February 27, 2020
OTTAWA - New measures announced today by Canada's Minister of Fisheries and Oceans and the Canadian Coast Guard Bernadette Jordan and Transport Minister Marc Garneau put much needed protections in place in advance of the spring return of North Atlantic right whales in Canada's waters, according to Sierra Club Canada Foundation, but bigger picture thinking is needed to protect the critically endangered species.
"We welcome these measures and the provision of acoustic monitoring to better detect whales, but more is needed to protect these whales and their home in the Gulf of St. Lawrence and ensure we see no deaths in 2020," according to Sierra Club Canada Foundation National Programs Director, Gretchen Fitzgerald. "We want to see a commitment to employing ropeless gear across the board, all slow-down zones should to be permanent and compulsory, and oil and gas activities need to be banned in the entire Gulf in order for these whales to be safe in the long-term."
Some of the regulatory and management measures needed to make Canada's waters truly whale safe include:
- a commitment to regulate seismic testing that includes no-go buffer zones around right whale habitat and across their migratory path
- emergency response measures that will kick in if a single right whale death occurs
- timelines and commitments to adopt 100% ropeless gear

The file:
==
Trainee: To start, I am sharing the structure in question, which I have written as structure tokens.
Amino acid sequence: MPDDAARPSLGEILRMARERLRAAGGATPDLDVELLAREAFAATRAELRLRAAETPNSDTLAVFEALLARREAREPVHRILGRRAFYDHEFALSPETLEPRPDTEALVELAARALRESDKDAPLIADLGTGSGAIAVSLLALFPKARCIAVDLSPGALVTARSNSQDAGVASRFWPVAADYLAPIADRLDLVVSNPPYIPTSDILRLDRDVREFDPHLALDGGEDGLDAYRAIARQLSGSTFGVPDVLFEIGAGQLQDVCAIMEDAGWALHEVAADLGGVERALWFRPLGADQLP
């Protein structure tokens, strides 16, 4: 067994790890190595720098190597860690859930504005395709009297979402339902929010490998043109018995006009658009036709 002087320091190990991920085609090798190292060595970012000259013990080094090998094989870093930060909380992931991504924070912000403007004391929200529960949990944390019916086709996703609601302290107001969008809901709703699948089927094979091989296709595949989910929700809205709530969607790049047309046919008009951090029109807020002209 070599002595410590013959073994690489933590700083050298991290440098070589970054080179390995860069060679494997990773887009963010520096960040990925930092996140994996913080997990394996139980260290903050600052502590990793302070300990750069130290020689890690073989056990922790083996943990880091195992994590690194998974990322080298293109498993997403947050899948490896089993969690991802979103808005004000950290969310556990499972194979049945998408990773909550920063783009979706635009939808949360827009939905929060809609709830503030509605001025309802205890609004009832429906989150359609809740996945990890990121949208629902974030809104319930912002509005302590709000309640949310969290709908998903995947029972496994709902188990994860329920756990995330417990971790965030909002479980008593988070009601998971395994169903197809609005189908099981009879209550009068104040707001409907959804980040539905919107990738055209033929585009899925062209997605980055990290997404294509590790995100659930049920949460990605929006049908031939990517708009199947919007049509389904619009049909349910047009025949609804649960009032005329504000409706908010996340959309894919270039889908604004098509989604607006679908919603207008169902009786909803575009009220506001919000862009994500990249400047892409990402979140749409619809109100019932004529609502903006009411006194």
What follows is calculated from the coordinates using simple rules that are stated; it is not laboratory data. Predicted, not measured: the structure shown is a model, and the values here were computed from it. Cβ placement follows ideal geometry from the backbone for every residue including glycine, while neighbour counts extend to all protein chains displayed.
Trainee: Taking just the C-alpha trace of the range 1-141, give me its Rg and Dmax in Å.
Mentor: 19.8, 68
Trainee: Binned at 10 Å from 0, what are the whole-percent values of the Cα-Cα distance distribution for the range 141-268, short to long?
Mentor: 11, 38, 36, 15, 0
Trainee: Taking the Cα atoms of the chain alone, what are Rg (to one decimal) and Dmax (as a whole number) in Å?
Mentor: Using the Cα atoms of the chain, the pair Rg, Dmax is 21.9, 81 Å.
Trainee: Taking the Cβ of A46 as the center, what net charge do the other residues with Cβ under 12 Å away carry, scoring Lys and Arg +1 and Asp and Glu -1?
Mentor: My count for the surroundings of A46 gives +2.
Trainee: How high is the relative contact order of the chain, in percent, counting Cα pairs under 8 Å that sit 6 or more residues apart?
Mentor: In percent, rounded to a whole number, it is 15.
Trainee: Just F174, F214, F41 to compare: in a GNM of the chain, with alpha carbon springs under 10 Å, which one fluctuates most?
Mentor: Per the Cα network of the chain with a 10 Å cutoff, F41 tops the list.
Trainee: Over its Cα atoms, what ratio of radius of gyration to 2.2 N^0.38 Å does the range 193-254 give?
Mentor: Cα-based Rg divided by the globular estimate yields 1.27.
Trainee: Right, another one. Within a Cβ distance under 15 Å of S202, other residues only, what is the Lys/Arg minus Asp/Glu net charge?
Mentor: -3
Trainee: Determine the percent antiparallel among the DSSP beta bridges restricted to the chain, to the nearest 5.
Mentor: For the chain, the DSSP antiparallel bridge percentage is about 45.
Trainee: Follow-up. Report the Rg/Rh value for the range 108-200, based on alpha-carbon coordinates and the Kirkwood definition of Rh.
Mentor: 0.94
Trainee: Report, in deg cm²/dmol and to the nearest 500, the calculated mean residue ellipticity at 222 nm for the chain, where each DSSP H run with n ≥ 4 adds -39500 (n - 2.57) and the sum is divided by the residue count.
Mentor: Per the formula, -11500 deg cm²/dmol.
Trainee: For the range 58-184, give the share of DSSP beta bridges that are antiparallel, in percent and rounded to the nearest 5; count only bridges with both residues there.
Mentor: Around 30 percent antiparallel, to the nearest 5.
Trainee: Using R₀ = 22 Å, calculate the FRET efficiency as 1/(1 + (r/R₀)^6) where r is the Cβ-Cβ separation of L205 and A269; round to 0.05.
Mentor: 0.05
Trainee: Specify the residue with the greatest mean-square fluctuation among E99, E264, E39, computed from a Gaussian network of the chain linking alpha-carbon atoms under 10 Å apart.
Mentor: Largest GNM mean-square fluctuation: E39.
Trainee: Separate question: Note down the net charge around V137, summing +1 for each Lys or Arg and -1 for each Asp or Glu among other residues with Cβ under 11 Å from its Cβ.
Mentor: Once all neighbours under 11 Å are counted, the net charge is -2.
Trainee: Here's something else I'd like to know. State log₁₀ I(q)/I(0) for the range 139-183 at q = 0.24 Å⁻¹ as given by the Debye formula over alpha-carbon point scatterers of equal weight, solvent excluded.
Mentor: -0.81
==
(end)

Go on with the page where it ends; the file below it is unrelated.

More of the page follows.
- the spring and fall voluntary slow-down zone in Cabot Strait area needs to be compulsory for the entire time whales are present in the Gulf
- the slow-down zone east of Anticosti should apply the entire time right whales are present in the Gulf, not just in May and June
- commitment for when the Shediac Valley shipping restriction zone will be put in place
- increased funding for right whale monitoring and marine mammal rescue so we know measures are as effective as possible
- a long-term commitment for restoration of the imperiled Gulf of St. Lawrence ecosystem.
"Ten right whale calves have been born this year, one of which - just hours after birth - was struck by propellers on either side of her head and mouth, impairing her ability to suckle. With nine deaths in Canadian waters in the summer of 2019, these whales are barely hanging in there. What we need to see, instead, is a commitment that Canada will achieve zero mortalities in order to allow the population to grow beyond its precarious state."